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In This Article Archaeology of Southampton

  • Introduction
  • Primary Sources
  • Secondary Sources
  • Prehistory and the Roman Period
  • The Post-Roman Centuries (c. 400–c. 700)

Medieval Studies Archaeology of Southampton
by
David A. Hinton

Introduction

Because of its location in the middle of the south coast of England, Southampton illustrates not only the development of a town in general but also of a port in particular. Some of its medieval buildings survive, and its medieval topography still affects the modern town. Excavations have produced a wide range of artifacts, many of them imported. Although it is not a rural site, Southampton opens the issue of relationships between an urban place and the hinterland that supplied it with food and other commodities and (usually) people. Town and country were subject to comparable pressures of population expansion and decline. Another aspect is Southampton’s relationship with other towns, notably the cathedral city of Winchester to the north. As a port, Southampton had to provide facilities that ships needed, which varied according to their size, their cargo, their loading and unloading methods, their crews, their provisioning, and their need for repairs. Southampton’s changing foci make it unusual and raise issues about responses to slightly differing needs at different times for defense, housing, landing places, and storage space. The wealth of some of its citizens raises the issue of their potential threat to established social structures, but they also created internal conflicts between different groups in the town. No single site or place can be used to examine all the issues and questions relating to the medieval period, but Southampton illustrates how archaeological and historical research has developed, influenced by social and economic pressures.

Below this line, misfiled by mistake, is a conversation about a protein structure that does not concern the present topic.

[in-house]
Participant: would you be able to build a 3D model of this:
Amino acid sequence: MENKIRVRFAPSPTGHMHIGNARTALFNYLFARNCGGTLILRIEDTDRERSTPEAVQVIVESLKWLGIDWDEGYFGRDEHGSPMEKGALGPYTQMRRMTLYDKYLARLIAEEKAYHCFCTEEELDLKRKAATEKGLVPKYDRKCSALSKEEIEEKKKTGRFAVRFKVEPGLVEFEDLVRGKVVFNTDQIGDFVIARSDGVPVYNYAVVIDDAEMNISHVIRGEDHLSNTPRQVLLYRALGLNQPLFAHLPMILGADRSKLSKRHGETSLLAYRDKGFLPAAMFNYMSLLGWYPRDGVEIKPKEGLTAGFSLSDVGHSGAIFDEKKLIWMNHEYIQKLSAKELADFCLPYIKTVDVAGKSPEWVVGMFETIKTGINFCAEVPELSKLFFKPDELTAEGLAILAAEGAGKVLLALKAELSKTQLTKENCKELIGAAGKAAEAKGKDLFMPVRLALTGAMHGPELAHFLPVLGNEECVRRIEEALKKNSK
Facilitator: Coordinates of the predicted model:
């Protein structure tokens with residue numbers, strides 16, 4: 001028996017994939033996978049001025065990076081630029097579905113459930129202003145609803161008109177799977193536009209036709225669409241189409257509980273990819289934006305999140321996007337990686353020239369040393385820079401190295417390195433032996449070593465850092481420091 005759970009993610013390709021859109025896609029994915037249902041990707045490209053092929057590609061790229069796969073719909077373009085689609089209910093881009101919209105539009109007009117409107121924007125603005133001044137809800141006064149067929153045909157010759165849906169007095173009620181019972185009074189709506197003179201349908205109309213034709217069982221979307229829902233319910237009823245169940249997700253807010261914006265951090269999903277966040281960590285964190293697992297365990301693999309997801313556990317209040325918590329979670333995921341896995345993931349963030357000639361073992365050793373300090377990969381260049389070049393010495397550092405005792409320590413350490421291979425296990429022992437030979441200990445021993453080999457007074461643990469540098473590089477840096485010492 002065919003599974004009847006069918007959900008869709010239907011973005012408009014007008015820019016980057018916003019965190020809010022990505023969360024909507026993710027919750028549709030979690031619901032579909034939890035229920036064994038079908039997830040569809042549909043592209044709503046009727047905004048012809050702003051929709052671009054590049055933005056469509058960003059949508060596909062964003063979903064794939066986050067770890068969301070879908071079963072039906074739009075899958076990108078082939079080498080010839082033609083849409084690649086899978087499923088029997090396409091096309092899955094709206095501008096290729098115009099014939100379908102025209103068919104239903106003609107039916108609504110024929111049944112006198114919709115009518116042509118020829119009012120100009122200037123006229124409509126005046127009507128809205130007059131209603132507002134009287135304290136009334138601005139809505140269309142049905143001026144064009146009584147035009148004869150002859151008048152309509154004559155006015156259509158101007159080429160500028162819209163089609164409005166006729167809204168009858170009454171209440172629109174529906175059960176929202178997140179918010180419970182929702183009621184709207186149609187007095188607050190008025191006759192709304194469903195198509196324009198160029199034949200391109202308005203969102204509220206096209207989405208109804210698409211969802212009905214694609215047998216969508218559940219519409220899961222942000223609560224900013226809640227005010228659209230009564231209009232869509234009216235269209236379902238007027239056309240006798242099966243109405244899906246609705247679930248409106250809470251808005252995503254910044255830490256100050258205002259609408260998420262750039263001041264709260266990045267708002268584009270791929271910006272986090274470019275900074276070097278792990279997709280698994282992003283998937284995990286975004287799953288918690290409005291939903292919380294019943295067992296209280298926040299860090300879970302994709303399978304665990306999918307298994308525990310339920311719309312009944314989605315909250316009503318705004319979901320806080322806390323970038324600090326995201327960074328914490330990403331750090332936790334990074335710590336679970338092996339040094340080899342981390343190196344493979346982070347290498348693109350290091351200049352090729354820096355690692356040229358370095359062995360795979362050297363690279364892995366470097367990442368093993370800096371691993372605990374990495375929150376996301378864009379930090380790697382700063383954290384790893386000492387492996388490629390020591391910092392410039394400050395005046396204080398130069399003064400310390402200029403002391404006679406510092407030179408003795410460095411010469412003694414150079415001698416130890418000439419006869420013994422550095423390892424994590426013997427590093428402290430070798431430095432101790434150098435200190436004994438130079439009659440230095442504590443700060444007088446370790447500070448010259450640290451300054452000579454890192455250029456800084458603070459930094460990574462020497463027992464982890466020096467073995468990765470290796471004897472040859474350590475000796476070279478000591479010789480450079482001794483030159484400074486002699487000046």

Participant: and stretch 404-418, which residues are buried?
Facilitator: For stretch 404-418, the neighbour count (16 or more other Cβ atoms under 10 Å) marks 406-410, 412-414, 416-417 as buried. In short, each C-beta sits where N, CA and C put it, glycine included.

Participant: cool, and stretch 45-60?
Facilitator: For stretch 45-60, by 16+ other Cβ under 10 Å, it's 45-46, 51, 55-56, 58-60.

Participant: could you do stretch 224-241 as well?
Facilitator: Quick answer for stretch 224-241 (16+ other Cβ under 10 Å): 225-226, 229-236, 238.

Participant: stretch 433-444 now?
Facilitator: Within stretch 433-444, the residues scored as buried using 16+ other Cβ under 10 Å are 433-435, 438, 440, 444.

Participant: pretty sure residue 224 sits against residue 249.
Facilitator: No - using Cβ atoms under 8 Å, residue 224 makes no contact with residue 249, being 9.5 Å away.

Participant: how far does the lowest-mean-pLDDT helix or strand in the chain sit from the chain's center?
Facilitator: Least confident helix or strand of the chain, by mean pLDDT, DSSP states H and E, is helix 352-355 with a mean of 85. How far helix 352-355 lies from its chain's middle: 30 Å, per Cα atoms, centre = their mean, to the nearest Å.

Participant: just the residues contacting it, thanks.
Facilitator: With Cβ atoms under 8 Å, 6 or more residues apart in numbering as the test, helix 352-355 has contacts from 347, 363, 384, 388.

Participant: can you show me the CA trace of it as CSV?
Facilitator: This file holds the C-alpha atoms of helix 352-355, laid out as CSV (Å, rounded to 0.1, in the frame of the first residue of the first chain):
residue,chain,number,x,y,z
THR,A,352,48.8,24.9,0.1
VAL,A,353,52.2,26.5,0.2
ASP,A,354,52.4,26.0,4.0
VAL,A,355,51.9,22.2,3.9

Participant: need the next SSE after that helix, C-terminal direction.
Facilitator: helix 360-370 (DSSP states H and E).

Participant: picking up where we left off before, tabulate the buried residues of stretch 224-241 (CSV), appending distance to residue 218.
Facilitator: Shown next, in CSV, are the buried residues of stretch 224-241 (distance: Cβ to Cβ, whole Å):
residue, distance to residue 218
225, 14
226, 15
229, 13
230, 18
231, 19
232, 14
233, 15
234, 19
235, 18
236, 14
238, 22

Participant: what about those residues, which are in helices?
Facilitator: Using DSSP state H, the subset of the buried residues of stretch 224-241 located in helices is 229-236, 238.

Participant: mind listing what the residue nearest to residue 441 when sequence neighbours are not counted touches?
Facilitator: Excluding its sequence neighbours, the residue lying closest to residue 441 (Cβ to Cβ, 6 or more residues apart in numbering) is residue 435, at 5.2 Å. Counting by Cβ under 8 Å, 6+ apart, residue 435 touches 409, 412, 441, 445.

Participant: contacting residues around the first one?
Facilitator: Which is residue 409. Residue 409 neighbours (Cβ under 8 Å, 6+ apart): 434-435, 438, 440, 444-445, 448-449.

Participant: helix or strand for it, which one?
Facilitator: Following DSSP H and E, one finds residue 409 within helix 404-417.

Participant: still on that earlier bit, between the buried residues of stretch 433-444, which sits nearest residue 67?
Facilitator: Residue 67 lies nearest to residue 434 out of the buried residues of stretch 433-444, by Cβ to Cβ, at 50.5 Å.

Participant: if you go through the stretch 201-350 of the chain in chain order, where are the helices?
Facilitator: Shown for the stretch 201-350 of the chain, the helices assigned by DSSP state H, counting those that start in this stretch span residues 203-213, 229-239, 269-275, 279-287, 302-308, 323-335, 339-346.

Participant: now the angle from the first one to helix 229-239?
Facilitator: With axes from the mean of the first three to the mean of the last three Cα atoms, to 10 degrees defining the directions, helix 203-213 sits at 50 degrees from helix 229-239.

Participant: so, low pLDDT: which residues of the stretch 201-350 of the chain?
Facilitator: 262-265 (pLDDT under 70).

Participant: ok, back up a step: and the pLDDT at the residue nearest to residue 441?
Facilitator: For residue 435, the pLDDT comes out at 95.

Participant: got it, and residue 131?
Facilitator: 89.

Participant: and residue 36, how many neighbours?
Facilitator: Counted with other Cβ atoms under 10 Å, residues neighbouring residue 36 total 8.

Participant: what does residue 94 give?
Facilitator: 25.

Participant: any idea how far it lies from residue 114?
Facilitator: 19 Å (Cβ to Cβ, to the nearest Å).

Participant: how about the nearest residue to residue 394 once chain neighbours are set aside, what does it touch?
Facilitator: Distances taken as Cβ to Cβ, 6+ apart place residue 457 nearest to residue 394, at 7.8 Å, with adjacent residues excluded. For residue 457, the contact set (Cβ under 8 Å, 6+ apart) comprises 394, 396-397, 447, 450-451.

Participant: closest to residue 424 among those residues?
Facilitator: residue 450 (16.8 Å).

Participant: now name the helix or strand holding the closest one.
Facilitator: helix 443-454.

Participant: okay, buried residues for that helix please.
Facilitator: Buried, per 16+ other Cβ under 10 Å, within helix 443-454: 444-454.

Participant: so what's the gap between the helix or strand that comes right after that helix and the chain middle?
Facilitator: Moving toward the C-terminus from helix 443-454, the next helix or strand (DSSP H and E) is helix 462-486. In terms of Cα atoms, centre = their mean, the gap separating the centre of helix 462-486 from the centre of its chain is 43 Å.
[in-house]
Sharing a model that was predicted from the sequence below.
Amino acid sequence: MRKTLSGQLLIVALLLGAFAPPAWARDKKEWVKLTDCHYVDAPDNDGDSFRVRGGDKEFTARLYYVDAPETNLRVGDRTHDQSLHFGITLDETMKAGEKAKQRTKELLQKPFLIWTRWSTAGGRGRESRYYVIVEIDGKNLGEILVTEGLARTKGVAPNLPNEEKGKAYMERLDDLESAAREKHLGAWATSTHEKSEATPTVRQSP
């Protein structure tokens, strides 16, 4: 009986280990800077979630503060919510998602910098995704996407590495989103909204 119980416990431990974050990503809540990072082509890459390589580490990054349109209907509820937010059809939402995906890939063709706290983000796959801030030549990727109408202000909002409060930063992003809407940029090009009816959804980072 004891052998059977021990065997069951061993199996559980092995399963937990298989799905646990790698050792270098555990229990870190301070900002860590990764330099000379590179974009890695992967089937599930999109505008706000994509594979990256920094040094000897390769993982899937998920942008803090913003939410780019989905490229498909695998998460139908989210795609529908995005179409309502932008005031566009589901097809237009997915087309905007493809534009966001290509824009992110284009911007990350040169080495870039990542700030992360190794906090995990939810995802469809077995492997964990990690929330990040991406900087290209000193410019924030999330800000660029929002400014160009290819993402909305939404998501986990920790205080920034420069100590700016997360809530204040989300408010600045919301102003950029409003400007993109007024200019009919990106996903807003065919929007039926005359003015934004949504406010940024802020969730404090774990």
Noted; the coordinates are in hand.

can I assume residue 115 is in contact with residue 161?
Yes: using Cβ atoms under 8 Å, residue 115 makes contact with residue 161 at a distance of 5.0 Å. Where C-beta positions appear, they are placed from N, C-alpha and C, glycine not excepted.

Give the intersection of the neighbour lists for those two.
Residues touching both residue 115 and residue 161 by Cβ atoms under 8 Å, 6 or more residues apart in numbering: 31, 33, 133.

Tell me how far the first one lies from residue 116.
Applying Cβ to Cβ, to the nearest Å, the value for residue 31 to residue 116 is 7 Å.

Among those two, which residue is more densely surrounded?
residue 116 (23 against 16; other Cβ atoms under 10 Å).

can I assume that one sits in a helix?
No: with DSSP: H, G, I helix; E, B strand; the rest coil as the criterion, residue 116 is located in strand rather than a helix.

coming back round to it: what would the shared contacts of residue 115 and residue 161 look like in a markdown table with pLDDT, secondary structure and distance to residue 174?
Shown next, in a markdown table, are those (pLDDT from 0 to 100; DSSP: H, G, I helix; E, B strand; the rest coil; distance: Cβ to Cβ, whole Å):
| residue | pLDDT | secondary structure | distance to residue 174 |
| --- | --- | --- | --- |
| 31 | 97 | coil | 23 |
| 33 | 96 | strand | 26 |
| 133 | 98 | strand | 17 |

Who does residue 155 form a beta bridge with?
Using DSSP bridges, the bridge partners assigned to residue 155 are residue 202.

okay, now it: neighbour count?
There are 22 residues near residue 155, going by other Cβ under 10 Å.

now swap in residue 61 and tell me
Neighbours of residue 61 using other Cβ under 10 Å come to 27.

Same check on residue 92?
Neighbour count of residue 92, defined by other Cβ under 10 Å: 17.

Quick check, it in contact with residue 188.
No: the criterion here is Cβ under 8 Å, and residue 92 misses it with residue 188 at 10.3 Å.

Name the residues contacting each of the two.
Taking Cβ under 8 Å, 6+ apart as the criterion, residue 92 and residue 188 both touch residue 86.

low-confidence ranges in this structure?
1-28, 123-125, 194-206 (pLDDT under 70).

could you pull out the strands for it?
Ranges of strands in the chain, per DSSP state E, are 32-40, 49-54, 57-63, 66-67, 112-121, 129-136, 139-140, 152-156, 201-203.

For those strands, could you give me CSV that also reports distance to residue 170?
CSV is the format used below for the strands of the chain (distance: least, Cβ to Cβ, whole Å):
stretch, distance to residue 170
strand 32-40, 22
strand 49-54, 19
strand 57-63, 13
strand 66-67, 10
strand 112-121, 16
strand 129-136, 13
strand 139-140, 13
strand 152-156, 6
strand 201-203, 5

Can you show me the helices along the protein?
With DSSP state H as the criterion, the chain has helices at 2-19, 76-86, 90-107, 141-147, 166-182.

Primary Sources

A place’s archaeological database is built up from a range of different information, an observation made of a building site by a passerby, the collection of objects or human or animal bones from workers, or full-scale scientific investigation, ideally unhindered by pressures of time and money; in practice, most excavations are done in a short interlude before redevelopment starts and on a tight budget. Morton 1992 demonstrates the variety of ways information on the mid-Anglo-Saxon port, then called Hamwic, has been collected. Excavation reports are published either as monographs, such as Birbeck, et al. 2005, or in journals, such as Garner 2003. Similarly, work on objects may appear in monographs, such as Hunter and Heyworth 1998, or as parts of the reports on excavations during which these objects were found—this is also standard practice for animal-bone and other environmental work. Documentary evidence may include information on topography, or goods carried as cargoes or kept in people’s houses (Roberts and Parker 1992), or building costs that relate directly to the archaeological record. Other matters are not quite so obviously interrelated, such as property ownership, which ultimately affects the archaeology because in the past (just as in the early 21st century) investment may lead to rebuilding. Southampton is fortunate to have an excellent Records Society, which has among much else published a good guide to the sources (James 1983).

  • Birbeck, Vaughan, with Roland J. C. Smith, Phil Andrews, and Nick Stoodley. The Origins of Mid-Saxon Southampton: Excavations at the Friends Provident St. Mary’s Stadium, 1998–2000. Salisbury, UK: Wessex Archaeology, 2005.